Meet Jackson

Eight-year-old Jackson lives with his parents and younger brother in the Midwest of the United States. Jackson’s story starts at birth.

His mother Alexis had been diagnosed with autosomal dominant hypocalcemia type 1 (ADH1) at age 16 after years of unexplained seizures and eventual chronic kidney disease, so doctors screened Jackson for the gene mutation that causes the disorder. Initially, the results came back negative, but additional testing revealed that Jackson had inherited the rare condition. Upon hearing the news, Alexis felt like she “broke,” and worried that her son would experience the same feelings of alienation, arduous medical regimens and frequent hospital stays that she did as a child. Fortunately, due to advancements in knowledge and medicine, Jackson’s experience with this condition has been less difficult than his mother’s.

Yet he still faces significant challenges most children do not face. While Jackson likes to run, play outside and keep up with his friends and younger brother, he fatigues quickly and experiences pain in his stomach and arms, even when he’s just watching his favorite shows. However, Jackson is resolved to keep going and play like any other child: “I just lose energy very, very fast…I feel like I’m just gonna fall right over…sometimes [my] arms feel like they’re going to fall off.”

While Jackson has not experienced the same grand mal episodes his mother endured, he has suffered from seizures caused by low calcium levels. Alexis recalled one event that occurred shortly after Jackson’s younger brother was born.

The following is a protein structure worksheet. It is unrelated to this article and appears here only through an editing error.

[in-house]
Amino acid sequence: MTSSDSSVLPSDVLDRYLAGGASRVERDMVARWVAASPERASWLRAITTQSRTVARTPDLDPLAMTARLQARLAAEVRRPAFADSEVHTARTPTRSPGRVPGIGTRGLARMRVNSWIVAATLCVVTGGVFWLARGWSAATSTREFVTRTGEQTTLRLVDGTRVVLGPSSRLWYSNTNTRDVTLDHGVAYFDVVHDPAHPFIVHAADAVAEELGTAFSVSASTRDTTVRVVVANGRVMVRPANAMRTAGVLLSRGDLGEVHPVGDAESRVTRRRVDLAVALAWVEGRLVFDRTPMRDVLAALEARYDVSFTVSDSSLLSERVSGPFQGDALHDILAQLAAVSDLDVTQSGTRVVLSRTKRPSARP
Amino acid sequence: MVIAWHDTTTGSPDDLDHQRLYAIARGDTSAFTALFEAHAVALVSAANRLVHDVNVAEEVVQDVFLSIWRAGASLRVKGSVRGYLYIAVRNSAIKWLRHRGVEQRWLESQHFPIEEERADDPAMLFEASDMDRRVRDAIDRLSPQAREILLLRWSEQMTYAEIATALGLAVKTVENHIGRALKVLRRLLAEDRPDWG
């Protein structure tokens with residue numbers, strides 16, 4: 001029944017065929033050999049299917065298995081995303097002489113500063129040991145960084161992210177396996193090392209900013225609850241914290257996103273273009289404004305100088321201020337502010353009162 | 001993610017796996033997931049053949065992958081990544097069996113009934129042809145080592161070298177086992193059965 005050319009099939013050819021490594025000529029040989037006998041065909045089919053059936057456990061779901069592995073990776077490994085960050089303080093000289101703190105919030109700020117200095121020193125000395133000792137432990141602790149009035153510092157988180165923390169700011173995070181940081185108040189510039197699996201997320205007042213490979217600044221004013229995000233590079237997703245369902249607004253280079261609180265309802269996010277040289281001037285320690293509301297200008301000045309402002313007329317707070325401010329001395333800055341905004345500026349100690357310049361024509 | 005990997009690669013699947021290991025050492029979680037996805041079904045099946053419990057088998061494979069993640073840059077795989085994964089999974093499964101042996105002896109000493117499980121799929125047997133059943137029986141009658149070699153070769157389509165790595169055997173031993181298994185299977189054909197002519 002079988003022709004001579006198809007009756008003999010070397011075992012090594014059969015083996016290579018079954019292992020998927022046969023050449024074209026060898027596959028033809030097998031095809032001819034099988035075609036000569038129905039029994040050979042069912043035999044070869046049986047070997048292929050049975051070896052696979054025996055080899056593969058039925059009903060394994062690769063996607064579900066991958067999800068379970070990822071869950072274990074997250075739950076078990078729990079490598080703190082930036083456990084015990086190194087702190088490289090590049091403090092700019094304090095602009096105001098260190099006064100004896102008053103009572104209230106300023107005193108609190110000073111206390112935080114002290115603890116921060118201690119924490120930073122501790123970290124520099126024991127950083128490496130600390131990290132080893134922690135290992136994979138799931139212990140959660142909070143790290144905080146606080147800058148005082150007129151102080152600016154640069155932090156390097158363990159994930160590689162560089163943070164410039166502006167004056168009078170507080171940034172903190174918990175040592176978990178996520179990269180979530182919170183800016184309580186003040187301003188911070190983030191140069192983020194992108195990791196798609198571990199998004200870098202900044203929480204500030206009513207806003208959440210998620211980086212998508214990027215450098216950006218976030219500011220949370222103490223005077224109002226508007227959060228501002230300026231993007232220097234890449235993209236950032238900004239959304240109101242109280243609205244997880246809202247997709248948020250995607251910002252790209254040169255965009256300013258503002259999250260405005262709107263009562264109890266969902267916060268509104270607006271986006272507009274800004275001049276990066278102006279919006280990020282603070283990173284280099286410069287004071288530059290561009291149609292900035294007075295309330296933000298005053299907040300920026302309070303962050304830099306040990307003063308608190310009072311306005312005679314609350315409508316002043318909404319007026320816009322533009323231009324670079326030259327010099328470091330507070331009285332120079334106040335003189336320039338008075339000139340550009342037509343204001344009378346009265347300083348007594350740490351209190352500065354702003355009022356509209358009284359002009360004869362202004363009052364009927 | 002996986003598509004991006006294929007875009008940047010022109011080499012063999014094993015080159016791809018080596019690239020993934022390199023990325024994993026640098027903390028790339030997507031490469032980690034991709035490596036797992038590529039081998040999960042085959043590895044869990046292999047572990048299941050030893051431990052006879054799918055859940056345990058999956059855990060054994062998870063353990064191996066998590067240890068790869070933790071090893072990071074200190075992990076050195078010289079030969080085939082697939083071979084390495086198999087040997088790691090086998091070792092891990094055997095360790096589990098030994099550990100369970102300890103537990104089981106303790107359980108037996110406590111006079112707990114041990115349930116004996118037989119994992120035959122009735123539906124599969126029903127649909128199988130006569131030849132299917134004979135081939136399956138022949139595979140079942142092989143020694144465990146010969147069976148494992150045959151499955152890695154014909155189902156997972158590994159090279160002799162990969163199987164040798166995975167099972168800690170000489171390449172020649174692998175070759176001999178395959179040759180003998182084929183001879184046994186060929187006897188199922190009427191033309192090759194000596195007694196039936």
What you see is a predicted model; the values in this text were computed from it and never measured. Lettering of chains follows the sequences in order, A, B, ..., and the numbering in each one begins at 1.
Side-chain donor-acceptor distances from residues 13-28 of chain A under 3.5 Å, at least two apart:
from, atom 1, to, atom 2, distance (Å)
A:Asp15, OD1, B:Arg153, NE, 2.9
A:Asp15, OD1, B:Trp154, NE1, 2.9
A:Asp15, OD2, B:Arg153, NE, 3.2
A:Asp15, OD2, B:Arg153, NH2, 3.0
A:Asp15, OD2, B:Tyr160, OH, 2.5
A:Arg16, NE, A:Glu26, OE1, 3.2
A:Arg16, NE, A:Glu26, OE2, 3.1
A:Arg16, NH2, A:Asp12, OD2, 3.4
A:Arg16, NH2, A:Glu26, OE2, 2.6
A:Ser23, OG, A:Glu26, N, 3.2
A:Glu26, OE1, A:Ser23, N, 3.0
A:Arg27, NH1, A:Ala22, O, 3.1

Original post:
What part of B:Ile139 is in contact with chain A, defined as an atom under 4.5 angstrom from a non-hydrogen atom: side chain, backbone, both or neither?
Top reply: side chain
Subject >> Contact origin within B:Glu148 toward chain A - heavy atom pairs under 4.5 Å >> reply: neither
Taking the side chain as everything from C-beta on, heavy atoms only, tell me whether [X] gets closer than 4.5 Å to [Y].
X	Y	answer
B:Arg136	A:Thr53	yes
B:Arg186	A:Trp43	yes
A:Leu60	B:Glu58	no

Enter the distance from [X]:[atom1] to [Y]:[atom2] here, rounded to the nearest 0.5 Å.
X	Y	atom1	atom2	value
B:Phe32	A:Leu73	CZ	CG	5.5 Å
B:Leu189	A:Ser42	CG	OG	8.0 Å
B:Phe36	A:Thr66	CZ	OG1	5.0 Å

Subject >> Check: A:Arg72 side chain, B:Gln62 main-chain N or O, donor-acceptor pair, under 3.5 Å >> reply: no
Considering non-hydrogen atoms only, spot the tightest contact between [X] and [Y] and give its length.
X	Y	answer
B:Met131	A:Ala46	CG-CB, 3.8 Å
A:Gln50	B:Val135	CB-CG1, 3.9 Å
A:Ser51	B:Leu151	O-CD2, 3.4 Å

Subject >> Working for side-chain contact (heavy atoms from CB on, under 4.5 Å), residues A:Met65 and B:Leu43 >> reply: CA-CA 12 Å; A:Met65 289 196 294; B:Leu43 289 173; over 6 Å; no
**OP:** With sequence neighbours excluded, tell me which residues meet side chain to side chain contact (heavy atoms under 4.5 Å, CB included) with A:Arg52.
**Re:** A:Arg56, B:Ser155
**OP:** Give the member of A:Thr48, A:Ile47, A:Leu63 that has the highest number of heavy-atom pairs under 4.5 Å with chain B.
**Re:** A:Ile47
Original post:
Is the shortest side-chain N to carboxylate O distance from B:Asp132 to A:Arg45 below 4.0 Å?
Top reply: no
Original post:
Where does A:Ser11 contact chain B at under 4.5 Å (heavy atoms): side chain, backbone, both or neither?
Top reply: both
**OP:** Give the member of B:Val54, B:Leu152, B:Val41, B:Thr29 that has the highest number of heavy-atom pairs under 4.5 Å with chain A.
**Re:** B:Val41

“That was the scariest time because…[Jackson] was in bed with me. And all of a sudden, it sounded like he was choking. I look over, and he was seizing. He stopped breathing three times. Mind you, I have a one month old next to me. So I had to move him and get Jackson situated. It was beyond scary. When I ran outside, the cold air finally woke him up. He woke up in an [ambulance].”

Jackson doesn’t like having to take medicine every day and recognizes it’s difficult for other children his age to understand his condition. “He does have his moments where some days he says, ‘I wish I didn’t have to do this,’” Alexis explained. “He doesn’t fully understand the health issues from that aspect of it, as well.”

Alexis guides her son through his experience with ADH1 with compassion, empathy and faith in their combined strength to keep pushing forward. When asked if there was something Jackson wanted to tell people about his condition, he asked, “Why don’t we have a cure yet?”

“It kind of breaks my heart, hearing him say he wishes there was a cure,” Alexis replied. To Jackson, she responded, “Even if there’s no cure, you can still go and you can still live your life, because I learned at a very young age that there isn’t a cure for this.”

Alexis emphasized for other parents of children with ADH1 that they should not lose hope. “There [are] ways to help and ways to keep on going.”